In Washington, separation of church and state isn’t just a principle of governance, it’s an architectural and geographic rule as well. Pierre L’Enfant envisioned a national church on Eighth Street. A patent office was built on the site instead. More than 100 years later, the city finally got its National Cathedral — far from Capitol Hill, in the upper northwest corner of town. The downtown skyline is dominated by monuments to men; the Holocaust Museum and altarpieces in the National Gallery of Art are the closest things to religion you’ll find on the Mall. Washington, of course, has its believers, but they practice too many faiths to fit under one roof.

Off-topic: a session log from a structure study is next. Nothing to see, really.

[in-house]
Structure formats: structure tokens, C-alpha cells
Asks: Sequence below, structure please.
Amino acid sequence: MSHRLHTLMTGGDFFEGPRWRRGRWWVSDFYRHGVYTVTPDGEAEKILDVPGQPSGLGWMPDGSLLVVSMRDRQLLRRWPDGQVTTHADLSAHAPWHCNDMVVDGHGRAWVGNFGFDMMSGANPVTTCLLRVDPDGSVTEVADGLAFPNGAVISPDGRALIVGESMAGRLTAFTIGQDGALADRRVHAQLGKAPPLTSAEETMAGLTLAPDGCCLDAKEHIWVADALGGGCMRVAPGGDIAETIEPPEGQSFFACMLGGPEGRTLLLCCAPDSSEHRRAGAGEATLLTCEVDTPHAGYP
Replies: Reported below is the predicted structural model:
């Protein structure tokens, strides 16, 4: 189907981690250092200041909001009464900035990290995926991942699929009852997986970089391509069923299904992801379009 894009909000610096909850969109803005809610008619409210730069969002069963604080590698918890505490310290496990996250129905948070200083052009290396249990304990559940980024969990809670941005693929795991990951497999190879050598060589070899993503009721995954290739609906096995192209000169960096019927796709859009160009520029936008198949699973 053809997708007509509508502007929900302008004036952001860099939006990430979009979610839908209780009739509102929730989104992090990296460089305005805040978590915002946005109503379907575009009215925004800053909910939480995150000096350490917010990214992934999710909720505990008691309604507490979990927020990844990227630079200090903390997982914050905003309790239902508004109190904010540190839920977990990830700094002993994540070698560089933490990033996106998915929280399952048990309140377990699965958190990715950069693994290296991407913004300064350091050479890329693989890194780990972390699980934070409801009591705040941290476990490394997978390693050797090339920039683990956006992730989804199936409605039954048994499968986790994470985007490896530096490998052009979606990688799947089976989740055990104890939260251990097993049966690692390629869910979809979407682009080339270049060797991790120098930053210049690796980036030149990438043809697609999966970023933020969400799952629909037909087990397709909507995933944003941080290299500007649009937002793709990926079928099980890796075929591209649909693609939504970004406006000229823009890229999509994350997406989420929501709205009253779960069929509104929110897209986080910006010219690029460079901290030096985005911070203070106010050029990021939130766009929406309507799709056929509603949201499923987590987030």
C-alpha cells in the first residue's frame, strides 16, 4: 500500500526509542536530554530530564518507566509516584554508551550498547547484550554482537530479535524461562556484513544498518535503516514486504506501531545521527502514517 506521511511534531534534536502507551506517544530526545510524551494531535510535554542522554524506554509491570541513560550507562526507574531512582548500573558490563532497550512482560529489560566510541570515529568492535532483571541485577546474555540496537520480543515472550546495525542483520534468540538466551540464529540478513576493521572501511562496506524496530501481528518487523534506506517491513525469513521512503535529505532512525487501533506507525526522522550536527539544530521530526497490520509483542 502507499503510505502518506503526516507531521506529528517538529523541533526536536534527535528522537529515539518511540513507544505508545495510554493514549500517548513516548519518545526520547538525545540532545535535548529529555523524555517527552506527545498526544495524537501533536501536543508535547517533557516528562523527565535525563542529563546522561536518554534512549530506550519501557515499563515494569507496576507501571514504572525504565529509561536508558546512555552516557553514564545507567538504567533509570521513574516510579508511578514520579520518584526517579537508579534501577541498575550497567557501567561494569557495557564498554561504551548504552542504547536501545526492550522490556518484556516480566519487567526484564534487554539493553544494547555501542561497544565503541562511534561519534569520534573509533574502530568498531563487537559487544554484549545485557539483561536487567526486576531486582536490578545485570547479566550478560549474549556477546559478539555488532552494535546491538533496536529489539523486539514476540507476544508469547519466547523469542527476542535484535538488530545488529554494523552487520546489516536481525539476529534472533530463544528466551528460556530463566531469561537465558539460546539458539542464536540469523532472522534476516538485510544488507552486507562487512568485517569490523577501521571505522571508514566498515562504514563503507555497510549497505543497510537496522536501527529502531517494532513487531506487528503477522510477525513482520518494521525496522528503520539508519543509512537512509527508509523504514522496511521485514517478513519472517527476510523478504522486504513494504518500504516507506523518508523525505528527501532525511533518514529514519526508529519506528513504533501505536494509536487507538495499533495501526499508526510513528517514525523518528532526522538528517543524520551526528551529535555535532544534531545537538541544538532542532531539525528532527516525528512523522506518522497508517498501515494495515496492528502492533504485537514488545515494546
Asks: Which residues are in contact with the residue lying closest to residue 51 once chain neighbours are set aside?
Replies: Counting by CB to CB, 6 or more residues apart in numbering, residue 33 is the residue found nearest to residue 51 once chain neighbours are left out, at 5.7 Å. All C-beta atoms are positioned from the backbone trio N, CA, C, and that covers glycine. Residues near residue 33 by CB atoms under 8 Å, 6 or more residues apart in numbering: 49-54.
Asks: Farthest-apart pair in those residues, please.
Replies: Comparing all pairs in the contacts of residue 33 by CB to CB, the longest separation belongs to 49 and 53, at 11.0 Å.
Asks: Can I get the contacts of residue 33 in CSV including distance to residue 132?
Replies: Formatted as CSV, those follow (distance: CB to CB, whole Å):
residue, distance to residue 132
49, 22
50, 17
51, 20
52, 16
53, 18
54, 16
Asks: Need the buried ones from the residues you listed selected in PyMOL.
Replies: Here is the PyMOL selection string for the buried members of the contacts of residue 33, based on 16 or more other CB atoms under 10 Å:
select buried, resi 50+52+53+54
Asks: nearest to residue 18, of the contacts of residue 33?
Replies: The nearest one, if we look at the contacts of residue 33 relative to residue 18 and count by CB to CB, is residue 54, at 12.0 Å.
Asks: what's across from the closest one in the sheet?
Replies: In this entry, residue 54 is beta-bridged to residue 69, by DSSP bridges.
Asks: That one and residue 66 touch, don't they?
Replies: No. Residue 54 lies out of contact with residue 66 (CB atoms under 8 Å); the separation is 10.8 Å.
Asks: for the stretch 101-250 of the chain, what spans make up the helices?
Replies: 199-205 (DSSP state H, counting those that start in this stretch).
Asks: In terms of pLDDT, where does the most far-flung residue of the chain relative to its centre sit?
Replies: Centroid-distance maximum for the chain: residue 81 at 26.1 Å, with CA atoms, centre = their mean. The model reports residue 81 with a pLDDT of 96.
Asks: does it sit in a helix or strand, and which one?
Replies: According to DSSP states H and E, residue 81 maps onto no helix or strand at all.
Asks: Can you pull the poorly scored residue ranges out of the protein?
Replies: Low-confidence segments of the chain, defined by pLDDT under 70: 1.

Now, though, the Good Book is coming to town in a big way. The Museum of the Bible — backed by the evangelical owners of the craft store Hobby Lobby, who famously took their objections to contraception and Obamacare to the Supreme Court — is set to open in 2017, just off the Mall. The proximity of the museum to the world-class Smithsonian and the Capitol has raised eyebrows. How will it fit in among the venerable institutions lining the Mall? How will it function in a multicultural city? And what version of the Bible will we get?